This does not mean salary, benefits and perks do not offer a solid Employee Value Proposition (EVP) for candidates to choose to stay with an employer, but there is more to what money in itself could offer. One among the HR challenges is to provide employees with a mission and sense of purpose in lives, to effectively articulate strategies in sync with individual professional goals and personal upliftment.
Tough or Toxic: Workplace of the Future
Volatile economy, talent crisis, unhealthy work-life balance for employees, dearth of skilled talent, long gruelling work hours - all indicate that workplace is not just tough to thrive but a toxic culture for employees to inhabit and adapt.
Employers today have an insatiable appetite to carve a niche, notch above the competition - hence privileges such as refreshments at work, entertainment zones and play stations serve no good for employees who are made to thrive in pressurised conditions.
Data analytics has made it a lot tougher for the workforces to slay around or have some unproductive hours at work, as finally the outcomes are questioned and delivery delays are penalised.
Do you think employees can thrive in such toxic workplaces, wherein they feel personally threatened in a way with series of sleepless nights and long working days with absolute disregard for work-life balance, such as to impact employee's emotional and physical well-being over the longer run?
Wharton adjunct management professor Gregory P. Shea, adjunct senior fellow at Penn's Leonard Davis Institute of Health Economics says, "It can be psychological, it can be emotional, it can be physical. Obviously in extreme cases it would be hitting, but it could also be people who feel physically intruded upon, who feel there is no safe place to go."
Talking about toxic environment at work, relationship with peers and colleagues cannot be ignored - suppose you have a demeaning boss who is working on ways to sabotage your career, workplace harassment and bullying by co-workers, sense of disrespect being felt at work as if people are gunning for you, doesn't allow an employee to perform at their best, and this in turn impacts productivity.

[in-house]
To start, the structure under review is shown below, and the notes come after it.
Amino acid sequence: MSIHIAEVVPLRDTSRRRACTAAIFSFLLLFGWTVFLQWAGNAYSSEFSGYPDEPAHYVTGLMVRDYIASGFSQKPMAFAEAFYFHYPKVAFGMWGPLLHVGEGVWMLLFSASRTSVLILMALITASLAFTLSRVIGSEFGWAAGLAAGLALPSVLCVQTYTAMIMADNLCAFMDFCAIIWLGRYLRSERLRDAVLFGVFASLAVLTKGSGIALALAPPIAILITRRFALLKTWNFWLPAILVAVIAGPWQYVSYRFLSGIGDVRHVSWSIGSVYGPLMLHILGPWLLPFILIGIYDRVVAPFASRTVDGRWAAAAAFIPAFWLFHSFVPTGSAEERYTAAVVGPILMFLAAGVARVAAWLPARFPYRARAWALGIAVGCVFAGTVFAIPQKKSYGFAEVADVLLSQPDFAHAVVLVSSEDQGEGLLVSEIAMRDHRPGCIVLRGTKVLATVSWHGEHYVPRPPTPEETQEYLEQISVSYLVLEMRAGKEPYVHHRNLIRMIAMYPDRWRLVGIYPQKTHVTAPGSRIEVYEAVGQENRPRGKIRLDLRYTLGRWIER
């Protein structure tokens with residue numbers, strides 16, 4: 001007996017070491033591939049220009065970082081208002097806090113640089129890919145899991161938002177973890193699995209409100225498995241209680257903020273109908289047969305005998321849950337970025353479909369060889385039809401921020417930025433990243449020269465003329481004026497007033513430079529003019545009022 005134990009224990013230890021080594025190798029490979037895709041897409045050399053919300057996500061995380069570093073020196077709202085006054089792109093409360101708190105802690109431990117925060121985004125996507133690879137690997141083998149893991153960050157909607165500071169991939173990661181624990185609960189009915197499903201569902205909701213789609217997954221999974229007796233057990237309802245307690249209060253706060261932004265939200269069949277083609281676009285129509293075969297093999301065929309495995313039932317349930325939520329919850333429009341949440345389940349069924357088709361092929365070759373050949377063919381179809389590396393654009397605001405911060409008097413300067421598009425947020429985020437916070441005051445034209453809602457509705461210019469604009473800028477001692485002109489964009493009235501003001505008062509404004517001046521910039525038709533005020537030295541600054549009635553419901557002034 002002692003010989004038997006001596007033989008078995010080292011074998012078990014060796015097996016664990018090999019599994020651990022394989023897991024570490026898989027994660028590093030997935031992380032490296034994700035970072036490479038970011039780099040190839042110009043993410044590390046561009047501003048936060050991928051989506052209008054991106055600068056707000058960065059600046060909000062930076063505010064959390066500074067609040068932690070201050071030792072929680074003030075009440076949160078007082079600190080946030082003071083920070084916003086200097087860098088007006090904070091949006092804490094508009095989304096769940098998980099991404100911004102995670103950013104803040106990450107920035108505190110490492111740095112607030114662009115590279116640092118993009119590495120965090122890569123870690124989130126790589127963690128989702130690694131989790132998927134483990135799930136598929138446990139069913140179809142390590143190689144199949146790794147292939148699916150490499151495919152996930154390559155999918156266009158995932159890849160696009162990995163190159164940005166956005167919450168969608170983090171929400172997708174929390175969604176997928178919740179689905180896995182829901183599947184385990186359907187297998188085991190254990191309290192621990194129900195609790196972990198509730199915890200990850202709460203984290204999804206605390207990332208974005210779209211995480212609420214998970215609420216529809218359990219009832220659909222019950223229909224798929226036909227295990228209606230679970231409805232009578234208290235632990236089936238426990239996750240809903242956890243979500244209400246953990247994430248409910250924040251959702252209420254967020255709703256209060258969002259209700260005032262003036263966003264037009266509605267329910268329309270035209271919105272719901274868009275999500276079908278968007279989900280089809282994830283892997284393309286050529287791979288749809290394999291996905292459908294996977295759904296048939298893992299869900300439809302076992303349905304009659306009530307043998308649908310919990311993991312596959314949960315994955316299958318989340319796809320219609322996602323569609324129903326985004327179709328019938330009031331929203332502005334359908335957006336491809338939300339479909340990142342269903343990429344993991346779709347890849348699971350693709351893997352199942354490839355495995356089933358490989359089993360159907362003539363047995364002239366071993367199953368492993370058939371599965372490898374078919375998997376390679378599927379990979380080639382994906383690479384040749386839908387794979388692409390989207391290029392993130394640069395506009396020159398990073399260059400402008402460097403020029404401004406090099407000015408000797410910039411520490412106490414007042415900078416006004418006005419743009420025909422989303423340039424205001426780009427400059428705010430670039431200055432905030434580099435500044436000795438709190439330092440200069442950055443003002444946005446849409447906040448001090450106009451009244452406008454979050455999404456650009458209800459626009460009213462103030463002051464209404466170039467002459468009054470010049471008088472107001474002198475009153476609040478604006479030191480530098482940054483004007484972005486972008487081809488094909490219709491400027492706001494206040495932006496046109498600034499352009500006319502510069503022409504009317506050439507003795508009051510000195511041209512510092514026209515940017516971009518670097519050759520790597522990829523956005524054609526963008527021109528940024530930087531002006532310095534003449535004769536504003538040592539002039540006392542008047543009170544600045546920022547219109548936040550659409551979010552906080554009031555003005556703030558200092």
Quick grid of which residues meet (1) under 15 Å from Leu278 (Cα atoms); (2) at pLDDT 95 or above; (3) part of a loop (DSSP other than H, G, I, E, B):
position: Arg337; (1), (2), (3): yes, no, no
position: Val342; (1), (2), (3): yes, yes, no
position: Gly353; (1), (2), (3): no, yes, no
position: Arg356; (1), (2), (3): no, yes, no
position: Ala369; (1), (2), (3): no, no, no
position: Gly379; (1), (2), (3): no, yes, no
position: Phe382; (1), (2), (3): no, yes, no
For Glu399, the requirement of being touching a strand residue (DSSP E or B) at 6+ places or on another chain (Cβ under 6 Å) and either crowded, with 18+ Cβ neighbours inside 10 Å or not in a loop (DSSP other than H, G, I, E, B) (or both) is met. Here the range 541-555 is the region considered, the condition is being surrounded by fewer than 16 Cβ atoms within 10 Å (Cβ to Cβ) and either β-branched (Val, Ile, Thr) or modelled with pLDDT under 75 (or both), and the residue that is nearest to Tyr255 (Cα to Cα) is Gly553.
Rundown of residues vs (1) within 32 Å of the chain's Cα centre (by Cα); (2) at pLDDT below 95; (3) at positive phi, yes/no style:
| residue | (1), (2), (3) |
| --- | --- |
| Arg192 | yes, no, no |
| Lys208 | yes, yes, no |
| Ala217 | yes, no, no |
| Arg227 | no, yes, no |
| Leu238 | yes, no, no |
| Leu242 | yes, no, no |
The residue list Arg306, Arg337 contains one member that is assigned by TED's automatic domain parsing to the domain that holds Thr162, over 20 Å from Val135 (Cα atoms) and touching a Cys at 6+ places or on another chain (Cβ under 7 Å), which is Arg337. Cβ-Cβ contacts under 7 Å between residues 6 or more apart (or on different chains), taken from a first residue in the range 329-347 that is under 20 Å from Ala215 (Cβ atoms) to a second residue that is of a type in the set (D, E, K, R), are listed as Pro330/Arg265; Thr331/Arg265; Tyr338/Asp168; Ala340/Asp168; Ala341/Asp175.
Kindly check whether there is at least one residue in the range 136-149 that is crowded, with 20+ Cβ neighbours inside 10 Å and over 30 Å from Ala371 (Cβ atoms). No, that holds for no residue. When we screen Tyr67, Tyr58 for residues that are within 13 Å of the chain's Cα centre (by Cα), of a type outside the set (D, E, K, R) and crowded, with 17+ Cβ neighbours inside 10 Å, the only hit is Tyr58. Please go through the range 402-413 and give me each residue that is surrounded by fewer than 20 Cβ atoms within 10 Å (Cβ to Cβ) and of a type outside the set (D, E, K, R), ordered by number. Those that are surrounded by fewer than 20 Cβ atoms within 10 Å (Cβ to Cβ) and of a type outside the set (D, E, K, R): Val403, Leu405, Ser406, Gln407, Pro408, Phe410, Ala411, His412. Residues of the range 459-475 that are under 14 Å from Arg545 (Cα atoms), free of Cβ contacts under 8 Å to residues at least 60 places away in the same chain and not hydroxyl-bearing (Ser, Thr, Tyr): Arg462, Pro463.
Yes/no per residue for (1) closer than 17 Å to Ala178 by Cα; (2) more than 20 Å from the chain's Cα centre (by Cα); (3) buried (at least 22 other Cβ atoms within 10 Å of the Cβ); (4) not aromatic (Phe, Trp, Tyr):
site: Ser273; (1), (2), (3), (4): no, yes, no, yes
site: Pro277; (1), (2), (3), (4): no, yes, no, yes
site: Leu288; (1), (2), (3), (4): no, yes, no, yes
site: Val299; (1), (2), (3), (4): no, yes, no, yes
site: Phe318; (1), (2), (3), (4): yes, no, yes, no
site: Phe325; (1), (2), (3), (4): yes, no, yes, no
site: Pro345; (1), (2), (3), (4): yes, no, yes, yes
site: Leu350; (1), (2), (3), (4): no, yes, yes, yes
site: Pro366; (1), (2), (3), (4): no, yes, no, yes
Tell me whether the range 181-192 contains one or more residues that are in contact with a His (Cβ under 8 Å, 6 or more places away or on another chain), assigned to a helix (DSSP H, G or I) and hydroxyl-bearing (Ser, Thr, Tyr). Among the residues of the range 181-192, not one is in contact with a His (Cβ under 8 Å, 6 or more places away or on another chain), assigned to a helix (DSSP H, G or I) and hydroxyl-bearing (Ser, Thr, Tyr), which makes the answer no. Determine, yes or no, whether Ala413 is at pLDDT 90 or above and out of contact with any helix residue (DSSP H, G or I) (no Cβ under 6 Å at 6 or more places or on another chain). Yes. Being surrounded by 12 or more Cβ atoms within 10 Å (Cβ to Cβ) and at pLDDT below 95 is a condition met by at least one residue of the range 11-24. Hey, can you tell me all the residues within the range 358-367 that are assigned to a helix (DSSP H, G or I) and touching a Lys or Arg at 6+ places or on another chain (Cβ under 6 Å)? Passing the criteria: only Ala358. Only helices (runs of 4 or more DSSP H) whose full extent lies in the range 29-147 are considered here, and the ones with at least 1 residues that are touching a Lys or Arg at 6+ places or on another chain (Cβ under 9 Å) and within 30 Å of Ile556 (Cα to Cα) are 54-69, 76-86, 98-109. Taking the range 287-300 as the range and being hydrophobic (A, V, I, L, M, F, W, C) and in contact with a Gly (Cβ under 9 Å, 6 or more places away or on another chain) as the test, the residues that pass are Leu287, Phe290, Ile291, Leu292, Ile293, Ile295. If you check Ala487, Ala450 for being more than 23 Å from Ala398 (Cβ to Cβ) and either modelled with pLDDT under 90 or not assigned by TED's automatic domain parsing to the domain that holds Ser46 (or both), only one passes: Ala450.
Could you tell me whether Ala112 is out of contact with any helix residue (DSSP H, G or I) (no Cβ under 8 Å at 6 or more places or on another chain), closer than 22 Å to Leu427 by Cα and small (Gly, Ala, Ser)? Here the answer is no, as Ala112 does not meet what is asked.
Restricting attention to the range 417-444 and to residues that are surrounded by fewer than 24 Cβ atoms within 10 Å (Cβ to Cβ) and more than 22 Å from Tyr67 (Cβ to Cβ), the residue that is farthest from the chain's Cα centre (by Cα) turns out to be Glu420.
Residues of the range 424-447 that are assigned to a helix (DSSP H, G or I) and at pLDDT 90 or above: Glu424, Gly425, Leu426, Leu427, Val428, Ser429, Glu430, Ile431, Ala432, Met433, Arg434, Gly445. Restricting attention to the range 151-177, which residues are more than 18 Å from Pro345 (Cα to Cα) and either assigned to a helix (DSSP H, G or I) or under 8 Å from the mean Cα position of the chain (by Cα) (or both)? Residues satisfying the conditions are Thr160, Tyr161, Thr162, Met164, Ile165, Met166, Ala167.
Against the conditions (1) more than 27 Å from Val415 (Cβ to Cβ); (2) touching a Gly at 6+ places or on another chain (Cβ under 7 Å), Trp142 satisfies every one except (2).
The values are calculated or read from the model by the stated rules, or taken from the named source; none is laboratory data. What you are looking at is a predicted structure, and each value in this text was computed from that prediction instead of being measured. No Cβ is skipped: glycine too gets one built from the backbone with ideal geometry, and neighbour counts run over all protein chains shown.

HR managers need to maintain a close check on the workplace culture to ensure each employee feels valued and respected for their contributions, and obvious culprits are shown the doors too early.
So if you think you are caught in a toxic workplace culture, here are some tips that could help you navigate or find an exit route:
· Certainly when you see signs of intolerance, stand up for yourself.
· Approach the human resource department - document carefully and report about the conditions at work, confront the abuser who bullies you (it can be your boss or colleague with third party intervention of the human resources manager).
· Stay mentally alert and aware that you can be fired, backstabbed, physically attacked, set up, your character could be assassinated and people may commit slander against you. Always use the whistle blower laws to protect yourself.
· Explore and understand your personal triggers as to what makes you calm, angry, nervous, anxious or excited and get to understand the roots of conflicts in case with team members to derive at a solution through clear communication, while carefully managing your emotions on job.
· If any or all of these suggestions do not work, then its time you think wise and call it quits. Look for a better job opportunity with sound workplace environment and culture that promotes growth.
HR managers need to use a multi-pronged approach to address the problem of talent crisis and concerns of a tougher workforce with robotic evolution signalling new era of HR workings.
Change is the only constant. Harnessing technology and use of big data tools can help companies' source quality talent to win this global war for talent at its peak. Also social media-savvy approaches could be opted as a talent acquisition strategy. With these ongoing efforts, what do you think will be the future of HR in 2020?
The author is Business Director at TBC HR Consulting (S) Pte Ltd (Linkedin). He is a serial entrepreneur with 15 years of experience in the HR/Recruitment space. He currently has several HR tech projects, including a successful boutique recruitment business based in Singapore. Ben is also involved in many community initiatives in the local startup ecosystem - one such project is Startup Jobs Asia which aim to be the voice for startup hiring within Asia.